In order to achieve full recognition of civil rights of the LGBTQAI+ (lesbian, gay, bisexual, transgendered, questioning, androgynous, intersex, ally, or other self-identification related to gender identity or sexual orientation) community in Orlando, a citizen board, known as the Chapter 57 Review Board, is considering amending the anti-discrimination policy to include “gender identity”.
According to an LGBT website, the amendment was drafted by the City Attorney, presented to a city review board today and if approved it will go before the City Council for its first reading tentatively July 14 with at least two public hearings before the final vote. Gina Duncan of Florida Equality is leading the push to change the policy. Duncan is a biologically-born male who underwent sex re-assignment surgical procedures.
The review board hearing the amendment is a seven-member panel of non-elected individuals, which according to the City of Orlando website reviews determinations of complaints of discrimination, conducts mediation and holds hearings when any party to a complaint violates the term of a negotiated settlement agreement.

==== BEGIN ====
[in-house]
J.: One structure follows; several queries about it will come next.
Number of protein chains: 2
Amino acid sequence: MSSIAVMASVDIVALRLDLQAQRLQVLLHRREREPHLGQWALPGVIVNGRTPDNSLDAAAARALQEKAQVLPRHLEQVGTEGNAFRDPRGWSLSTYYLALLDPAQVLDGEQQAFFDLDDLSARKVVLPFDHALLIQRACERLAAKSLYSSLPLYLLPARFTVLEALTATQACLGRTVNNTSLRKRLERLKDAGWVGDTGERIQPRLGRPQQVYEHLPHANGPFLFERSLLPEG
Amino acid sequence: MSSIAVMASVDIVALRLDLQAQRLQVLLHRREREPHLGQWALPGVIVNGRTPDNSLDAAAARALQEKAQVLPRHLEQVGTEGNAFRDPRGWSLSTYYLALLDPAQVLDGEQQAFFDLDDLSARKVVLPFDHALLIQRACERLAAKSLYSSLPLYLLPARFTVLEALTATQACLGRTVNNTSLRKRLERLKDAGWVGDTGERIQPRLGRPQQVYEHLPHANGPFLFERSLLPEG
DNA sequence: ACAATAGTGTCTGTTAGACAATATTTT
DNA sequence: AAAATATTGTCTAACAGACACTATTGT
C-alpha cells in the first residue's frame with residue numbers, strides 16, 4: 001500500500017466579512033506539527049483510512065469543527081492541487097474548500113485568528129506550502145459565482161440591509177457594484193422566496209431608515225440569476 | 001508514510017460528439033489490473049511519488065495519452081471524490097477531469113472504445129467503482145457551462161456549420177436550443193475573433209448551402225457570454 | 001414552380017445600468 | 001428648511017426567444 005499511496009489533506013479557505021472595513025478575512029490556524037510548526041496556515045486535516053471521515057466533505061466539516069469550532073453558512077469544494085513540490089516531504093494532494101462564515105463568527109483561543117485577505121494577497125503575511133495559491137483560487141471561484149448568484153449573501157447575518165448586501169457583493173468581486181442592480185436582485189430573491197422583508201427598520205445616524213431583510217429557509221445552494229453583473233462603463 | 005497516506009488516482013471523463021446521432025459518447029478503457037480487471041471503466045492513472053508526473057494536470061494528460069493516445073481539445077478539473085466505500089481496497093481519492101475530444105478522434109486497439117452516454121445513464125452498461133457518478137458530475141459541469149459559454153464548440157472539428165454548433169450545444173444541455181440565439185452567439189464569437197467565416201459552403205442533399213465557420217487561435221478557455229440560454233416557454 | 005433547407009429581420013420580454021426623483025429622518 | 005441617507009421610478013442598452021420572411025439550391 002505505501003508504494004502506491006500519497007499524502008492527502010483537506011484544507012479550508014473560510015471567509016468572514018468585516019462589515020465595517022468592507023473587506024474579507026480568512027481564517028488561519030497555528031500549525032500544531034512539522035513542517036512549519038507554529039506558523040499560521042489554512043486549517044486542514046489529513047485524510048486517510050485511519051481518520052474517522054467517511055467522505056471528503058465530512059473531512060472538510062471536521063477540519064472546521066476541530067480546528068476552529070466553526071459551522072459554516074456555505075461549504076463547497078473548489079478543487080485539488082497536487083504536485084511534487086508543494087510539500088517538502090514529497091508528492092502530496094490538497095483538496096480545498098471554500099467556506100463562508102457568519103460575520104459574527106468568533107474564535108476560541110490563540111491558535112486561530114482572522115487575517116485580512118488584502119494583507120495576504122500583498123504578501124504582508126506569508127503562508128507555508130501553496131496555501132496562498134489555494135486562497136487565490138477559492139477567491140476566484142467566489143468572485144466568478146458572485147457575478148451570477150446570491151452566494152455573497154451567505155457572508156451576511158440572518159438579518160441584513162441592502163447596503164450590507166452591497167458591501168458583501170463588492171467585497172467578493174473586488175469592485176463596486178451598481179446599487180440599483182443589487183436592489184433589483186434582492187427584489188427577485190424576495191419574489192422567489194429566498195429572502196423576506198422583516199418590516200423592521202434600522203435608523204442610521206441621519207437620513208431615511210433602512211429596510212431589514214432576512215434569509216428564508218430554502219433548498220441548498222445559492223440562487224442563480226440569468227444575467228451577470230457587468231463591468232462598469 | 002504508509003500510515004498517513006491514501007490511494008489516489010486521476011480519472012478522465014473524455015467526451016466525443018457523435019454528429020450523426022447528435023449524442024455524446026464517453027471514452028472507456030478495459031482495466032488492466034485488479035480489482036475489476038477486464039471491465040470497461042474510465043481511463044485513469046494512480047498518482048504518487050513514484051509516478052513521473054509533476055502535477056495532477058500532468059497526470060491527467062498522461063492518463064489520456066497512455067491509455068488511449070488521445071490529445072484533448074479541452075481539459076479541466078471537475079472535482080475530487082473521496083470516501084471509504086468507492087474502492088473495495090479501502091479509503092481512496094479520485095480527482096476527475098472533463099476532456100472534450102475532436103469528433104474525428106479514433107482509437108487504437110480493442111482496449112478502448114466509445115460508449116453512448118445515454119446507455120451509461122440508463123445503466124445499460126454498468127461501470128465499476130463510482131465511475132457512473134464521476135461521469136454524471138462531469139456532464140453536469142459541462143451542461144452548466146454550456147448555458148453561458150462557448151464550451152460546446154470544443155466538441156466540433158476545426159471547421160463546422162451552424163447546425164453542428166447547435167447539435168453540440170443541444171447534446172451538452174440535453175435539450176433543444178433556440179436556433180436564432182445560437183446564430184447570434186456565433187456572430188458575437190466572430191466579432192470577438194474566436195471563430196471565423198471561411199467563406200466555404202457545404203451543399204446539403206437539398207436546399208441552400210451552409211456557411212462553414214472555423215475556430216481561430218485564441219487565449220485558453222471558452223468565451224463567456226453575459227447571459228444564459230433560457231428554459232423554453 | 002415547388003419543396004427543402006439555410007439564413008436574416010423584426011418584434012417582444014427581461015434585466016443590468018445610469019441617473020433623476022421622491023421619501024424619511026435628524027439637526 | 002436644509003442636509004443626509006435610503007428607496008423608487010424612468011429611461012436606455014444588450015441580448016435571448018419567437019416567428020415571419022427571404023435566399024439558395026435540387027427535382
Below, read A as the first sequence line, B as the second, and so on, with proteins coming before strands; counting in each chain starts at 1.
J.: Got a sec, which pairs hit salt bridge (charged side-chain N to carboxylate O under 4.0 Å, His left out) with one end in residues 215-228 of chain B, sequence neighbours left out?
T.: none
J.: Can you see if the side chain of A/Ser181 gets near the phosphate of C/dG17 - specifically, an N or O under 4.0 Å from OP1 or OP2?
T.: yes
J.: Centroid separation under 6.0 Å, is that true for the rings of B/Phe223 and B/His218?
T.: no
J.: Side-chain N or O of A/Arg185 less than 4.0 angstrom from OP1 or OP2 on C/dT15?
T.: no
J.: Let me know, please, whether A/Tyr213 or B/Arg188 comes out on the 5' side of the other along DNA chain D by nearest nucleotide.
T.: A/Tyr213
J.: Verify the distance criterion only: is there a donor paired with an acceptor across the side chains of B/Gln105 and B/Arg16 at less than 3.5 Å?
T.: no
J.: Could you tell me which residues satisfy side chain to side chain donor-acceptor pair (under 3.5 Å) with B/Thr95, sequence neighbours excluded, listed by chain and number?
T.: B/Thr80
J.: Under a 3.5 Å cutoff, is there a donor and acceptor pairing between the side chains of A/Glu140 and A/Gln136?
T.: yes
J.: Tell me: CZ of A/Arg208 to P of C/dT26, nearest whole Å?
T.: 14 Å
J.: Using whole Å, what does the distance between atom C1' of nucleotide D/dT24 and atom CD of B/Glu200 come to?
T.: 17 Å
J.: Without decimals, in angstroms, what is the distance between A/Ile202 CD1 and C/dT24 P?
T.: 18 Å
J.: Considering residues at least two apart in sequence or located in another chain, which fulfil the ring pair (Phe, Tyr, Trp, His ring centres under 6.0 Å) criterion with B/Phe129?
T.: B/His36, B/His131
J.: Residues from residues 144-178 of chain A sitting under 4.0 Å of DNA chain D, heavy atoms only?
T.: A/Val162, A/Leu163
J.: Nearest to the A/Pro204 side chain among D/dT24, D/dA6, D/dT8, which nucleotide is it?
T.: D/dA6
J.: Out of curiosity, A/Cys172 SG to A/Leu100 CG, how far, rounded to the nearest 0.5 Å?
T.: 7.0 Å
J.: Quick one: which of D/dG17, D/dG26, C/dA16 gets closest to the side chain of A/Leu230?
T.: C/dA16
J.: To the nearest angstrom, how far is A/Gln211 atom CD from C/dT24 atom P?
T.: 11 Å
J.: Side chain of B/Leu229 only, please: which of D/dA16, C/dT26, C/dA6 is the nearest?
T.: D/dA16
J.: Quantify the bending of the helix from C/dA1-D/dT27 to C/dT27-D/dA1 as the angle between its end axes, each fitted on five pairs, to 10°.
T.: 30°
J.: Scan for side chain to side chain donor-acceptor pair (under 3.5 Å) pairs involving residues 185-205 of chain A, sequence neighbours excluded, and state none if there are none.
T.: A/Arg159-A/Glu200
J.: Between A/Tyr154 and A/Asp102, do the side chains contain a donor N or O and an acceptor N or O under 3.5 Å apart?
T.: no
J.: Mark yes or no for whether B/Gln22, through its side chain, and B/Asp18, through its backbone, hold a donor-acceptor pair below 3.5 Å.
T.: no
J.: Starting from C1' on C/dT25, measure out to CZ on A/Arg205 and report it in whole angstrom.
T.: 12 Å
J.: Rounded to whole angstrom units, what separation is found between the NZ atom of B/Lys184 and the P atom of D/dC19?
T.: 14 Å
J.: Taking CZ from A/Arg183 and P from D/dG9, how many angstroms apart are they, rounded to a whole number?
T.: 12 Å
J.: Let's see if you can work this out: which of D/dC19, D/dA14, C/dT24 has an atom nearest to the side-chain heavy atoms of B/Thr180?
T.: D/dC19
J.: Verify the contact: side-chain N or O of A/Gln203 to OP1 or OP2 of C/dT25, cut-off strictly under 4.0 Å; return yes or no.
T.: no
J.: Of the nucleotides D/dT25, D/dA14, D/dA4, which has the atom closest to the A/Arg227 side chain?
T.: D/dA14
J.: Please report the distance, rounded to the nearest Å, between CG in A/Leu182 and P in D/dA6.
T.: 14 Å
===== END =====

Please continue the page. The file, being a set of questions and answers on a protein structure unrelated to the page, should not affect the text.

The proposed amendment includes the following language to describe “gender identity”:
“the actual or perceived sex to include the person’s gender identity, self-image, appearance, expression or behavior, whether or not that gender identity, self image, appearance, expression or behavior is different from that traditionally associated with the sex assigned to that person at birth.”
As advocates seek equal access to public accommodations for transgenders, “bathroom battles” have emerged reports USA Today, including women locker rooms at the YMCA. There is much confusion over this issue because of the few legal cases that have been heard, there have been inconsistent rulings.
In addition to the new gender identity language, the proposed amendment to Orlando’s anti-discrimination policy also creates a seemingly new bureaucratic position- “human relations official” -and gives this official the authority to initiate complaints and to “investigate” to determine whether a complaint should be filed, regardless of whether a public complaint has been filed. This would greatly expand the power of an non-elected government bureaucrat.
Citizens of the metro-Orlando area should pay attention to this proposed change and consider its consequences.